Posts Tagged With: Fashion

For the Love of Custom Made Clothes

My co-worker Ben and I

I took a lot away from my time in Ghana and much of it I’m now trying to find space in my closet for.  As it turns out, I came home with a whole new wardrobe.

Traditional fashion in Ghana was one of my favourite things.  Ghanaian people have serious style and it’s easy to see why when the process of having clothes made allows for such creativity.

I would go to the market and peruse until I found 1, 2, or 5 fabric patterns that I liked (on average GHC 5.00 per yard).  Fabric shopping was at times overwhelming, but always so much fun.  By the time I left Ghana the vendors at my usual spot in the market knew me far too well…one told me that if she had a son she would offer him to me for marriage.  Then I would take the fabric to my seamstress along with a drawing or picture of what I wanted made.  In all, I had three seamstresses and a tailor. I almost had a shoe-maker but restrained myself.

This is how I justified my new wardrobe:

  1. I was supporting the local textile industry
  2. I know where my clothes were made, by whom and under what conditions.  My tailor and two of my seamstresses had small shops, and one seamstress was my neighbour who sewed in her home.  I bargained a lot in Ghana, but never on clothes.  The clothes were so beautifully made that I was happy to pay whatever they asked, which as it turns out, wasn’t much.
  3. It was far cheaper than clothes at home. On average a top or skirt was 10 Cedis, dresses and pants were from 20 Cedis to 30 Cedis. ($1 CAD = GHC1.9)
  4. Everything looks good on if it’s custom tailored!

One thing that getting clothes custom-made does is make you aware of your body.  Ghanaians like to comment on physical appearance in general, and nothing encourages commentary more than someone holding a tape measure up against you.  Actual quotes from two of my seamstresses:

“Your shape is nice oo” (Ghanaians use “oo” for emphasis similar to how Canadians use “eh”)

“Your breasts, they are very small. If they were bigger it would look so nice”

Gotta love the honesty!

Other fun exchanges with the seamstresses occurred when having short dresses or skirts made.  In Ghana showing your thighs is a little taboo.  I say a little because short skirts and dresses are common at clubs, just not for day-to-day wear.   Seamstresses tend to err on the more conservative side, so I felt a little awkward asking them to make me short things.

The quality of the clothes I had made was excellent, and for the most part I loved everything.  There was however, an unfortunate bedazzling incident with what was supposed to be a basic a dress.  In an effort to make it extra special for me; because it was too plain; my seamstress took some creative liberties with a glue gun and some silver stars.  That dress didn’t make it home with me.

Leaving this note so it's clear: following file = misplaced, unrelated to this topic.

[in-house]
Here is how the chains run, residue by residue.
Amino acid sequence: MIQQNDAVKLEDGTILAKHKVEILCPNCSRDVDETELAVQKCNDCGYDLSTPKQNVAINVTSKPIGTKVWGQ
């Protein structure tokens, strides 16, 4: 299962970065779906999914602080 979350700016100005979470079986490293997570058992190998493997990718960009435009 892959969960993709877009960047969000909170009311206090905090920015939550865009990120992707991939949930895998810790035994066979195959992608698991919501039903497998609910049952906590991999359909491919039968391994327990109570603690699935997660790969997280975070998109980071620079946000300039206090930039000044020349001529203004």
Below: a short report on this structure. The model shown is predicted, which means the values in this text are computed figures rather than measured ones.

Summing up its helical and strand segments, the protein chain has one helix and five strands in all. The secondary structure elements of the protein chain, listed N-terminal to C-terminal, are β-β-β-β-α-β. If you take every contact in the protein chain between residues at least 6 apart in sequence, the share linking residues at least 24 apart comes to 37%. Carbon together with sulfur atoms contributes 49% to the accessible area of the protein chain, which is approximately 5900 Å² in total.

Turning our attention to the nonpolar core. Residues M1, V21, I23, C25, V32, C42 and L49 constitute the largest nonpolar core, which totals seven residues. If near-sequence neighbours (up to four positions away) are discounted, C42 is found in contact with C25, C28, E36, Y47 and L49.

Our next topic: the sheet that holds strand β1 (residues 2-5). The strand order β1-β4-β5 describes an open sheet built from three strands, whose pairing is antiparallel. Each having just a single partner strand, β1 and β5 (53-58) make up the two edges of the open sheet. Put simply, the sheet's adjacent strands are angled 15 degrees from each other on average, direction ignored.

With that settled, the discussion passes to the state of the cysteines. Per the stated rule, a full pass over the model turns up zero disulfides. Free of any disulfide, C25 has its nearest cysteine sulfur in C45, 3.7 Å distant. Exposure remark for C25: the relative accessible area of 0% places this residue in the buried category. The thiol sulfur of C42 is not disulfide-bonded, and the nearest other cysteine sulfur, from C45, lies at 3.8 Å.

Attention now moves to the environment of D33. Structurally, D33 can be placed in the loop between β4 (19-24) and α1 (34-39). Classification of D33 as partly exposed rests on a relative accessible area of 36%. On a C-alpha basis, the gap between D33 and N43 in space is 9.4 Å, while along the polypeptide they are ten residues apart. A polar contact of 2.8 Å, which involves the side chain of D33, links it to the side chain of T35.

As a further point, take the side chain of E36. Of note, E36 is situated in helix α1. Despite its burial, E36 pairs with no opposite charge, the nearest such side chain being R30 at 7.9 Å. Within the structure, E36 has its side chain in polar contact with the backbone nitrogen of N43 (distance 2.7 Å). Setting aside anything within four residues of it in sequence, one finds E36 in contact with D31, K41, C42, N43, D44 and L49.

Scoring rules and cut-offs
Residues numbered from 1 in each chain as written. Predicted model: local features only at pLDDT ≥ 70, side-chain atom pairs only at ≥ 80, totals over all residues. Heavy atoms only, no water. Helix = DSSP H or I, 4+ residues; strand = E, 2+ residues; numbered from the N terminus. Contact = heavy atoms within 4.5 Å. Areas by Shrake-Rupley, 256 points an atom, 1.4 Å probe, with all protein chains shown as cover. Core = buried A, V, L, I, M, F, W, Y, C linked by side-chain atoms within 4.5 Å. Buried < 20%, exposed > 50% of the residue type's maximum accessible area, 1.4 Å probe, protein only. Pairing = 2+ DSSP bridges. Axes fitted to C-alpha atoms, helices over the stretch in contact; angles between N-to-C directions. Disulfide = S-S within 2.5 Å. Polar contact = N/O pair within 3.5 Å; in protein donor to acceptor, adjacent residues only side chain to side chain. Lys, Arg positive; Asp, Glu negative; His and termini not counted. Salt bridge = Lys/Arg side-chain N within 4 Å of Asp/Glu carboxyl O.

I think that the outfit I’m happiest with is something that I had made for my mom.  Without seeing my mom, one of my seamstresses made her a traditional outfit just using her measurements.  Mommy loves it and so do I!

Mama in her Kaba and Slit

I am also in love with the clothes I had made for myself and thought it appropriate to share pictures.  I started a fashion show for my family at home of everything I had made, but then I got tired of all the wardrobe changes – a model, I am not – so the pictures are of most, but not all of my new clothes.  Note that I chose pictures based on what showed the clothes best, not how I look.

Photography credit to Junior West, the best little brother ever.

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Fashion Friday – Vintage Ghana

In honour and memory of Teodora Beatrice Aisiedu

This post was inspired by some sad news.  My supervisor at work (Samuel) lost his mom this week, she passed away on Tuesday at the age of 77.  Today Samuel asked me for help editing some pictures he has of her and as I was going through them I couldn’t help but notice how beautiful and stylish she was.  I asked if I could share the pictures on my blog and he graciously gave me permission to do so.  I also asked if he could tell me a bit about his mom.

Teodora Beatrice Aisiedu was born in 1935 in the village of Apesokubi, in the Volta region of Ghana.  She worked as a nurse and midwife from 1968 until she retired in 2001;  and was known as an especially skillful midwife sought out by many people in rural areas.  She had three children of her own, Samuel and his two sisters.  Teodora loved singing, which she taught in church and also had a passion for cooking.

When I asked Samuel to tell me something he will always remember about his mom, he told me that she was incredibly loving and generous.  She always wanted to give him the best she could.  She also used to tell him that he didn’t dress well; but when she bought or made him clothes he wouldn’t wear them (he describes his style as simple).

Keep Samuel and his family in your thoughts and prayers, and enjoy these pictures of Ghanaian style from back in the day.

That’s Samuel in the middle

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Fashion Friday

A few weeks ago, I attended a fashion show at Alliance Francaise, Accra. The dresses were beautiful, but only one example of Ghanaian style.  I’m hoping to capture some pictures of day-to-day Ghanaian fashion to share here in the next few weeks. For now enjoy the pictures from the show:

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And here I am in my new blazer, purchased from the designer of the Ankara Rebel line:

It’s not every day that I get to buy clothes directly from a designer

You can see the spring 2012 line of Ankara Rebel blazers and clutch purses here.

 And follow on twitter

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